Seventh Voice Original
In Australia we are lucky. We have a system that provides public housing for those who are unable to afford the private rental market. Well in theory, that’s what it’s there for.
Of late there’s been a lot of discussion as to whether individuals who are living in public housing, have the right to remain in properties that may better serve the needs of those with young families.
The discussion goes as follows:
-In Australia we have a public housing shortage.
-This shortage is seeing those with young families on low or no incomes residing in temporary or short-term emergency accommodation.
-However, there is also a dire shortage of temporary or emergency accommodation due to the long lists of those requiring it while waiting for public housing to become available.
-Some young families are currently living out of friend’s garages, cars, caravans or tents.
-Australia is a country with a demographically aging population.
-Many who are now in public housing are aged 50 years or over. This means that their children have grown up and are typically no longer residing in the house with them.
-Hence we have individuals or couples living in 3 and 4 bedroom homes provided to them by public housing.
-These homes were secured originally as family dwellings when the occupant’s children were younger.
The proposed solution to the public housing crisis is that those individuals or couples who are now living in 3 or 4 bedroom homes that they no longer require, should be moved on to smaller public housing residences in order to provide the current crop of struggling young families housing.
The problem is however, that those already situated within public housing, do not wish to move on from the homes they have lived in for years and in which their own children have grown up.
I can see this debate from both sides. As a child I grew up in public housing and I know first-hand just how many memories can be attached to a family ‘home’ that is not technically your own.
Yet, also as a child, due to lack of accommodation, my family experienced living in a caravan for 4 months in winter. It was awful, cold and soul-destroying. I would never want to do that again and I could not imagine subjecting my own children to that kind of stressful homeless misery.
Now, as an adult, I live next door to a 3 bedroom public housing home. The tenants, a couple in their 50’s, have been there for over 27 years. Their children are grown up. They both work and whilst they do not own the bricks and mortar they live in, they do indeed own the two 4 wheel drives and two speed boats that fill their lane way.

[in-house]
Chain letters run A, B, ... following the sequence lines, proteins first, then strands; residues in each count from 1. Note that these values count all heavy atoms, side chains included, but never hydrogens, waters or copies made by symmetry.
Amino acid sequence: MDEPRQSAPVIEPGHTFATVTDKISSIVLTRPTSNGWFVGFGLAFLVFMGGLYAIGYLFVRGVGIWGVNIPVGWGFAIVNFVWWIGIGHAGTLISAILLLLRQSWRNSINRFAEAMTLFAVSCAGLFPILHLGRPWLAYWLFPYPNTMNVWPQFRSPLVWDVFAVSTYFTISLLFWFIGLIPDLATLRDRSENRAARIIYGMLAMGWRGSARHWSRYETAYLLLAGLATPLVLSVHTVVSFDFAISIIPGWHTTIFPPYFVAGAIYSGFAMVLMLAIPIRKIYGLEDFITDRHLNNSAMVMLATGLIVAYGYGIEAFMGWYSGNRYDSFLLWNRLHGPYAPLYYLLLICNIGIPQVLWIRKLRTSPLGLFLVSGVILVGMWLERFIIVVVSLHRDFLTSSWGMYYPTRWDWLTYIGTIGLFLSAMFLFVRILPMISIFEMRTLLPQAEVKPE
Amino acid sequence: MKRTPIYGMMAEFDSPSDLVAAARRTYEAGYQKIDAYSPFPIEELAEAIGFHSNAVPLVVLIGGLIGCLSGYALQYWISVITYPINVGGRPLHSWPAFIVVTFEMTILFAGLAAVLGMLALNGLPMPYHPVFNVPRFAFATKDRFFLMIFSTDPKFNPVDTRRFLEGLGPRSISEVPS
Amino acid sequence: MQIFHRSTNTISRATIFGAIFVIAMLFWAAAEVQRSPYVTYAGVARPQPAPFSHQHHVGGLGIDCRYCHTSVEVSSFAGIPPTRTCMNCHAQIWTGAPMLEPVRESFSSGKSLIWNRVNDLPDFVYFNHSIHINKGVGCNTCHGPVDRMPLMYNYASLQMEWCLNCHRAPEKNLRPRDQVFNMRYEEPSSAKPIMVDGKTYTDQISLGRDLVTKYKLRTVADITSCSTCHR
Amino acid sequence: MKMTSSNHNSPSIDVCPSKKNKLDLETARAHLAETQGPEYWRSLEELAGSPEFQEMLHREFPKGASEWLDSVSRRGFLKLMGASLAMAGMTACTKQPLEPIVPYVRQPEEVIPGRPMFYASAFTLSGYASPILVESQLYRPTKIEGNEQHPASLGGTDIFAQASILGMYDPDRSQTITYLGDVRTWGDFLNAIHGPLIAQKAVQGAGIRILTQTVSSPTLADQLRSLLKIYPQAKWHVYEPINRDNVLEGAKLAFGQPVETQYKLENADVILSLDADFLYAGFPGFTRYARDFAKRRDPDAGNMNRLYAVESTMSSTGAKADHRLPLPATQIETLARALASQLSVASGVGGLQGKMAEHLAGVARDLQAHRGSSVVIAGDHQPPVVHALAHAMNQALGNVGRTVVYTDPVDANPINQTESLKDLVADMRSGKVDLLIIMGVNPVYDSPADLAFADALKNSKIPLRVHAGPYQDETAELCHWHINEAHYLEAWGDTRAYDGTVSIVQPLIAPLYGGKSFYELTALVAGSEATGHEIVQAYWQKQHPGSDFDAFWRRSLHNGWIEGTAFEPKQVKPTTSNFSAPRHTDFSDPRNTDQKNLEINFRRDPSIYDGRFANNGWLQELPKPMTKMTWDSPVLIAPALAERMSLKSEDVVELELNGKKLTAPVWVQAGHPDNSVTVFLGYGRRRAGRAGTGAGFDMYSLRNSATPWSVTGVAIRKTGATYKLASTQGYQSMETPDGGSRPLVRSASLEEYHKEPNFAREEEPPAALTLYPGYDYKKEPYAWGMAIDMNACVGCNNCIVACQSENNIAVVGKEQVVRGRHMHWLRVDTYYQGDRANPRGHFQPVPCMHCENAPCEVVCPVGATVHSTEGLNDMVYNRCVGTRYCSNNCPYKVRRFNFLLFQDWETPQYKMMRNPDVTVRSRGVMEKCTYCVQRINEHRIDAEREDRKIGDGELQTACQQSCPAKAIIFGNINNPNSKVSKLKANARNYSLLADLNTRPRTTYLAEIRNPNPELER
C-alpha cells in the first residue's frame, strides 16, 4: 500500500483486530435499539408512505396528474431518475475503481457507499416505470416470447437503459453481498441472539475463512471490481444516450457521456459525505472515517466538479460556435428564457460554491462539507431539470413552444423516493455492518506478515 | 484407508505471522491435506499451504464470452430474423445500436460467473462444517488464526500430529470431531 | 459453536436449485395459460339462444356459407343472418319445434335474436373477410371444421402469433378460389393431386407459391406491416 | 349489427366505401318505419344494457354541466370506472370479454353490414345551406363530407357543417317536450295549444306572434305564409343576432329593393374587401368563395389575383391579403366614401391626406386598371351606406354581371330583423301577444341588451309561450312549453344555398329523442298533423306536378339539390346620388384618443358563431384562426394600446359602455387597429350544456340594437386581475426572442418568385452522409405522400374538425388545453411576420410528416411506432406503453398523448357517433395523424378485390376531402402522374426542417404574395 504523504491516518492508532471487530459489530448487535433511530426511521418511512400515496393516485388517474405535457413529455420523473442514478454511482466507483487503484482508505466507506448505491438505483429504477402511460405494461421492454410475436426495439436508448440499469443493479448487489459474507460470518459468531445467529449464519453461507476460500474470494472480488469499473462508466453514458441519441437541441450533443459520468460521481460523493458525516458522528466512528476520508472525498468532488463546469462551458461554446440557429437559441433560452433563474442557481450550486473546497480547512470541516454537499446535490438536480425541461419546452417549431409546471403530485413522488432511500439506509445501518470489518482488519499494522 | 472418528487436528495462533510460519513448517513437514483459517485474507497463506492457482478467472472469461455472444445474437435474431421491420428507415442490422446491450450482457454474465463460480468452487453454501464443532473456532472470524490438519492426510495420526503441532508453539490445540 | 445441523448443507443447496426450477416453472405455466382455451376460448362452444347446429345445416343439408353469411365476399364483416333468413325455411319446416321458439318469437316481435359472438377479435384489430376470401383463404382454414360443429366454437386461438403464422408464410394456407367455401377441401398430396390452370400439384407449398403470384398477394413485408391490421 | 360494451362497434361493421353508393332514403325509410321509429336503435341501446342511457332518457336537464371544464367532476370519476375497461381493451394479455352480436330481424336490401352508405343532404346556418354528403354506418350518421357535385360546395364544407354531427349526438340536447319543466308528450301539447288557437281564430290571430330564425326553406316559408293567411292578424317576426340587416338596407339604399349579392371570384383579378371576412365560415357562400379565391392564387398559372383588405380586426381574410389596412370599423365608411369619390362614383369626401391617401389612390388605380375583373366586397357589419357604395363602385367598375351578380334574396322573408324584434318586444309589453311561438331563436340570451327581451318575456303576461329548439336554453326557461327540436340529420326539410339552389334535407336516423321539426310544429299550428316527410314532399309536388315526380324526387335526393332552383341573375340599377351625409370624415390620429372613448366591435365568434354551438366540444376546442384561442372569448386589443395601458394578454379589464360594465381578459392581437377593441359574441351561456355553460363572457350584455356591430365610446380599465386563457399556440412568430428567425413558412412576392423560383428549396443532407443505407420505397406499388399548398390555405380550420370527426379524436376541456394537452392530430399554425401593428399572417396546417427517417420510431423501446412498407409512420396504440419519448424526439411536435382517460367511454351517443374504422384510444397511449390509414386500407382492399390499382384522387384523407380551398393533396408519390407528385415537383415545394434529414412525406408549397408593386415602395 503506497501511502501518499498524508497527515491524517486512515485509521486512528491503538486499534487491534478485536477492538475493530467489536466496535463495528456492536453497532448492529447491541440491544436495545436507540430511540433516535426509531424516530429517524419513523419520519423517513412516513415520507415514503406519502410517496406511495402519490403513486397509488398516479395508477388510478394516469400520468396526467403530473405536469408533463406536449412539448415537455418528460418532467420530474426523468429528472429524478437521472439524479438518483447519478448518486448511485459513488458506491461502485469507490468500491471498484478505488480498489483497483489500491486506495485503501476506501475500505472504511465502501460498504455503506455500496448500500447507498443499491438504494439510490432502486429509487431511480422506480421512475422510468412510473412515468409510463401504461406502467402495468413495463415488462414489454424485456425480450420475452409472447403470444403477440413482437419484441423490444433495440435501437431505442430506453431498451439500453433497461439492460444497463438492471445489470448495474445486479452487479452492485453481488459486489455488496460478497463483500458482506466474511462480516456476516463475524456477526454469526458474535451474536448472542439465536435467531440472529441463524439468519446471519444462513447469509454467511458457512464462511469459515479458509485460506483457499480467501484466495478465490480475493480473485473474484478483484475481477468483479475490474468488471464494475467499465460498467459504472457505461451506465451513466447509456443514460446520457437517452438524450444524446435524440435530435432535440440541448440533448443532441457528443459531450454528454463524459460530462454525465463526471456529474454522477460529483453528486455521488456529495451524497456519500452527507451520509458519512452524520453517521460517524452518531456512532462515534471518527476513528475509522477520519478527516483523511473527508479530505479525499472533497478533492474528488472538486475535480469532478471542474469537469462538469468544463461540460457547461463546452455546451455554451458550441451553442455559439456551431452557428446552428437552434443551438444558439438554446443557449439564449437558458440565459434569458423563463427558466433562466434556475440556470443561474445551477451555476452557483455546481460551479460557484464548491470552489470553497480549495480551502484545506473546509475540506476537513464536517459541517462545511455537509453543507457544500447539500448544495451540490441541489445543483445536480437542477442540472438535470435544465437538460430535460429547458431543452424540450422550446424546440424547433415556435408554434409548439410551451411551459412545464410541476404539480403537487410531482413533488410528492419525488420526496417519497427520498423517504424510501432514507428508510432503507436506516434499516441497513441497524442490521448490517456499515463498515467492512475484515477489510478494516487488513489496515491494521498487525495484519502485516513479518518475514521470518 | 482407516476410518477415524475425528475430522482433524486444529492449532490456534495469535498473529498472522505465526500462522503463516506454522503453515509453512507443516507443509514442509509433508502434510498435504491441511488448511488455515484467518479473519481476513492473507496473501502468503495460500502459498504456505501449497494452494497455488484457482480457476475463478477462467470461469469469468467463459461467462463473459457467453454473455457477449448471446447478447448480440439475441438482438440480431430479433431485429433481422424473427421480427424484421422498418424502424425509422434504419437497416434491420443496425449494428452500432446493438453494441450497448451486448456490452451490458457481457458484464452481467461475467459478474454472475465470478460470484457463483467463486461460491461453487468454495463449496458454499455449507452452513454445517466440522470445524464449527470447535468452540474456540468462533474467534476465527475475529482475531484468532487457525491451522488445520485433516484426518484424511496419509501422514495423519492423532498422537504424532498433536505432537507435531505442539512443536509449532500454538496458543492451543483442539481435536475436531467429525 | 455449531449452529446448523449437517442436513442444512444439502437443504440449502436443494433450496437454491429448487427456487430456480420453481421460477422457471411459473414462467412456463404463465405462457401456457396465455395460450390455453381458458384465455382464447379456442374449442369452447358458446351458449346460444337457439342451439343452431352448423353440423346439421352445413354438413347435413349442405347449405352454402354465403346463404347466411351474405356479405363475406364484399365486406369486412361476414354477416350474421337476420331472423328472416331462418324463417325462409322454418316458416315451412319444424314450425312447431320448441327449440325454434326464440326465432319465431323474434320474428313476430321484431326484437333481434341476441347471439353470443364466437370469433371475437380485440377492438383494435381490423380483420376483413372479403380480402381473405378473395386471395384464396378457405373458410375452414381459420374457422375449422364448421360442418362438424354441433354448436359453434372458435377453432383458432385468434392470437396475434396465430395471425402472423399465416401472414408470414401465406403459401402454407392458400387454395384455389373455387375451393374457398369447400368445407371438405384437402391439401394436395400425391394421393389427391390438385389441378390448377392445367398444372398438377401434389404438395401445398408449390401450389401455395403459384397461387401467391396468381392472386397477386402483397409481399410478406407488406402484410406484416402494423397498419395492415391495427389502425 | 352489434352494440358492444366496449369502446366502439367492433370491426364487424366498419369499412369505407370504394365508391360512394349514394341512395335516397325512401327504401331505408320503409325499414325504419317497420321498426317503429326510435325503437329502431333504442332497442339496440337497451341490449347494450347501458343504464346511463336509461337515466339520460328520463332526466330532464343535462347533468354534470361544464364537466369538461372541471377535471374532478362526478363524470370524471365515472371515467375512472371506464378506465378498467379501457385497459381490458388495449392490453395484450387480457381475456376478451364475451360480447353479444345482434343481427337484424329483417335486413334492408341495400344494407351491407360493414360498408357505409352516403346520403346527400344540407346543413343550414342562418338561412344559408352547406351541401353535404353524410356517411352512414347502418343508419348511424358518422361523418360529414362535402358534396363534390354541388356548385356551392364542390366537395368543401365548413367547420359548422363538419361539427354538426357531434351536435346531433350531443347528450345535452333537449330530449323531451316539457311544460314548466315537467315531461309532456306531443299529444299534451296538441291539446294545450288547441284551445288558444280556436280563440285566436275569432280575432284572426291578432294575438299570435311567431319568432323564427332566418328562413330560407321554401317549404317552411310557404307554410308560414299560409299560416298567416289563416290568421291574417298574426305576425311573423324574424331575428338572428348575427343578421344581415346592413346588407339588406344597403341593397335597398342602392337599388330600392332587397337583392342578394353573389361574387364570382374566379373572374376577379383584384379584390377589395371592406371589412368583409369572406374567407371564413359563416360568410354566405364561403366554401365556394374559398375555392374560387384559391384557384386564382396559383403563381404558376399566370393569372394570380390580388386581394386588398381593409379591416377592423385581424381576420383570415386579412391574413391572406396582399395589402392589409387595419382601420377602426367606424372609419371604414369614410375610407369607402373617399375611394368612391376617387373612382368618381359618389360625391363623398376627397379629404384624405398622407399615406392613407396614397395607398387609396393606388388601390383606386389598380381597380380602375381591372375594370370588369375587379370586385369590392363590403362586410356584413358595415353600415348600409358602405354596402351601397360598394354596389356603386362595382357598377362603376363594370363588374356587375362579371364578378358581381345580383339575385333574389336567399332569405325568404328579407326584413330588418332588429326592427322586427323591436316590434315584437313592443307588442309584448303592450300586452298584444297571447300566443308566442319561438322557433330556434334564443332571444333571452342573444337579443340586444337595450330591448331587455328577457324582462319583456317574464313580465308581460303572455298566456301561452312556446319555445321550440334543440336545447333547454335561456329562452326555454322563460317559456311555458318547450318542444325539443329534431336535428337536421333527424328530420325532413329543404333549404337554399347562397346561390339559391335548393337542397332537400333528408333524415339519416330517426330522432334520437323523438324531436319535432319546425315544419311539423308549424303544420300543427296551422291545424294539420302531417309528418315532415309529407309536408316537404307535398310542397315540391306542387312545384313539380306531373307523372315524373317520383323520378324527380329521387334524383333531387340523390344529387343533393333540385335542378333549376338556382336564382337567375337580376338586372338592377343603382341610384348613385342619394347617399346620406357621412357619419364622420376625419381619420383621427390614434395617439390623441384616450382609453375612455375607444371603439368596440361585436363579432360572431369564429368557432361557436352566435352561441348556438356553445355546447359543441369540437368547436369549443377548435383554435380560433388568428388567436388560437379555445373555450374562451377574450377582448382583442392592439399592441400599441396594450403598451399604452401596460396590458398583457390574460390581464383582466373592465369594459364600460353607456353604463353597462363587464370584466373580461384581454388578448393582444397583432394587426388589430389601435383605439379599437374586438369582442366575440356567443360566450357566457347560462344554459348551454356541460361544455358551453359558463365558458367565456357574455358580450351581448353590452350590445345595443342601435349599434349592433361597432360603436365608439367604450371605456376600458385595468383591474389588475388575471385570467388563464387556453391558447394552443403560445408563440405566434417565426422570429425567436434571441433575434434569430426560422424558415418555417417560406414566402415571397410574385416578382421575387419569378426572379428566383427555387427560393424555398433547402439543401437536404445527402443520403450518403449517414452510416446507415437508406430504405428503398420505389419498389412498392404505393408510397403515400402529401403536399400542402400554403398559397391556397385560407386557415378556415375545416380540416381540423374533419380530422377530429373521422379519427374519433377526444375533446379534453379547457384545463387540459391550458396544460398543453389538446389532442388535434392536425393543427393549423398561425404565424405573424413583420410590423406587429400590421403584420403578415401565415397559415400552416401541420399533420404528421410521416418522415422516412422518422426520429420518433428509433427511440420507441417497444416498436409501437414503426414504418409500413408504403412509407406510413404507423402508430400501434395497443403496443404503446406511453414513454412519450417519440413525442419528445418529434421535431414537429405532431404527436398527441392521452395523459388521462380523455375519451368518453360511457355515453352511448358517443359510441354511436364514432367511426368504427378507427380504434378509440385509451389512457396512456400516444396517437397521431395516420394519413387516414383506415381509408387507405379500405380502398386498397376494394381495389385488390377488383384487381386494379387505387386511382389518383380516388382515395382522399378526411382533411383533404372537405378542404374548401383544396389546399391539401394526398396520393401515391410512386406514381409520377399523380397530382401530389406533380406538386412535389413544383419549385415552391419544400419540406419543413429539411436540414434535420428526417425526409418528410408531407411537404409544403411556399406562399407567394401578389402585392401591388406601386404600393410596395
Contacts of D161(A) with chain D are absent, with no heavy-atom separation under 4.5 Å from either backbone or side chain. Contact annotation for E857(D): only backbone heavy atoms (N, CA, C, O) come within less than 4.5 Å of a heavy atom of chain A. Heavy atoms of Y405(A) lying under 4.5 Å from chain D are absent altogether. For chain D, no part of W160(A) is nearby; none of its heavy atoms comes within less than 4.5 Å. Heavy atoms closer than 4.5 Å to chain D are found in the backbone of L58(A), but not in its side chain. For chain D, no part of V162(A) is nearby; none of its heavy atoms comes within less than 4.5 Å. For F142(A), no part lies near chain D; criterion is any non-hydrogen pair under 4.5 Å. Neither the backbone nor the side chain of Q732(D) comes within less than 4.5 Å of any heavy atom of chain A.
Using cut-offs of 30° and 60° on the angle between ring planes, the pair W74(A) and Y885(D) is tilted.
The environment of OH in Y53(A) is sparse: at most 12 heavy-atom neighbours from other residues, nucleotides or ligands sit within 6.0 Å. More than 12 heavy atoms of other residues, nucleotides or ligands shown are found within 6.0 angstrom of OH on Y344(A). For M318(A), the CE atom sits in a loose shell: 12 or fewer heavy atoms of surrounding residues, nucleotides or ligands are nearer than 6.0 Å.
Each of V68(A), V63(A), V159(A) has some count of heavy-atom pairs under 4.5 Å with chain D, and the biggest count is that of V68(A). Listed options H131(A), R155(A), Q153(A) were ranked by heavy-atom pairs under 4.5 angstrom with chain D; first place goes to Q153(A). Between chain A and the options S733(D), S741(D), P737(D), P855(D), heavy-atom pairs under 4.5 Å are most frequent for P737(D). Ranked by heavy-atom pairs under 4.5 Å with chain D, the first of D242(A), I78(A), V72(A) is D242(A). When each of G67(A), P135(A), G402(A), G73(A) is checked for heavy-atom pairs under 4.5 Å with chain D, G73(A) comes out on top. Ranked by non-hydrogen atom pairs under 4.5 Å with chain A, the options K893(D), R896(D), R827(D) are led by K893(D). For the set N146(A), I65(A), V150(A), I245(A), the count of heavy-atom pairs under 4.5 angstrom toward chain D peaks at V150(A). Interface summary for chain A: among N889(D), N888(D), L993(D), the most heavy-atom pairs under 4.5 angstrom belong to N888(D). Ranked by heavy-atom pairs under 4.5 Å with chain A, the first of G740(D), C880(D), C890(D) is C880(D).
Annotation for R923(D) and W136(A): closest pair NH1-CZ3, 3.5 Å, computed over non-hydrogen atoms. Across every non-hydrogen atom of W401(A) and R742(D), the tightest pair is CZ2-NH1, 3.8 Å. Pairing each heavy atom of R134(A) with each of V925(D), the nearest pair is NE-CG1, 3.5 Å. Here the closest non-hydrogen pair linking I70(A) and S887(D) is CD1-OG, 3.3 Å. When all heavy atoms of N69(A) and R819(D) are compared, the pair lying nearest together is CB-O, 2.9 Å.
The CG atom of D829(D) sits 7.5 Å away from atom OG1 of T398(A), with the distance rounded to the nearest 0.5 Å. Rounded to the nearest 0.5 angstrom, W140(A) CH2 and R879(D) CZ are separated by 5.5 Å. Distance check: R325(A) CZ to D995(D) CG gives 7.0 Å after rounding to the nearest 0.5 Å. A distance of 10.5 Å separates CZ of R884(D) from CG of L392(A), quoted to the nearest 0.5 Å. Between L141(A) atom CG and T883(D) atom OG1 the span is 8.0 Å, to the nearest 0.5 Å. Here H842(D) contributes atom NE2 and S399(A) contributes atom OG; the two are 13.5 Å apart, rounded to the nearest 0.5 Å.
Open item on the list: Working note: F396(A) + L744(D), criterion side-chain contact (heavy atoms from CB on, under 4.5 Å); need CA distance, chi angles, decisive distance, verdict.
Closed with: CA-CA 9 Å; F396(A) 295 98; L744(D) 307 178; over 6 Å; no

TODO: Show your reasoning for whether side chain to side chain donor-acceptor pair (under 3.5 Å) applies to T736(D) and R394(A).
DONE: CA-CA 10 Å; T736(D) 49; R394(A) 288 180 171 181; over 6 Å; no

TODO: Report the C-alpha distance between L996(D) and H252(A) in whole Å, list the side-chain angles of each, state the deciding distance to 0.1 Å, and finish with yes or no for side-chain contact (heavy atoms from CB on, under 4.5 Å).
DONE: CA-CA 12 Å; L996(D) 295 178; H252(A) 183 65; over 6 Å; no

I have to admit that every time I see a report on the news about a young family being forced to live out of a car I wonder how it is that the couple next door can continue to live in a house far bigger than they actually need, while others who desperately need such accommodation are being told there’s no public housing available for them?
It also strikes me, that if the couple next door can afford 4 wheel drives and speed boats, then surely they can also afford to leave public housing?
So could it now be the case that those who have been receiving public housing for so long, genuinely no longer, actually need it, but rather, simply feel entitled to it?
Could it be that some people receiving public housing are abusing the system?
If so how do we stop this practice?
My solution to taking some of the emotion out of this debate is to ask these very simple questions:
If you were renting privately and the landlord chose not to renew your tenancy contract, but instead rent the house to another family, would you be able to refuse to move on the grounds that you did now want too?
Would it legally matter how long you’ve been living in that rental property?
Would viewing that rental property as your home legally prevent a landlord from being able to rent it to someone else?
Should having the income available to rent a private property, but choosing not too out of habit, be considered a legitimate reason to stay in public housing?
The answer to these questions is no.
You could not legally choose to stay in a house that is not yours just because you don’t want to move, have lived in it a long time, or view it as your home.
If the house is not your own, then whilst it may be your home, it is technically not your property.
Therefore I do not understand why choosing to remain in public housing when you have the financial ability not too, is seen as a viable mechanism for out-weighing the needs of those who genuinely require public housing.
I cannot help but to agree that it is time to take a good long look at how our public housing system is being run and if necessary, overhaul all the inequities that have trickled in.
For whilst it may be a daunting and emotional experience to have to consider moving to a new location at a later stage in life, it is not a legitimate reason to prevent young families from benefiting from public housing.
That is , after all, what public housing is there for.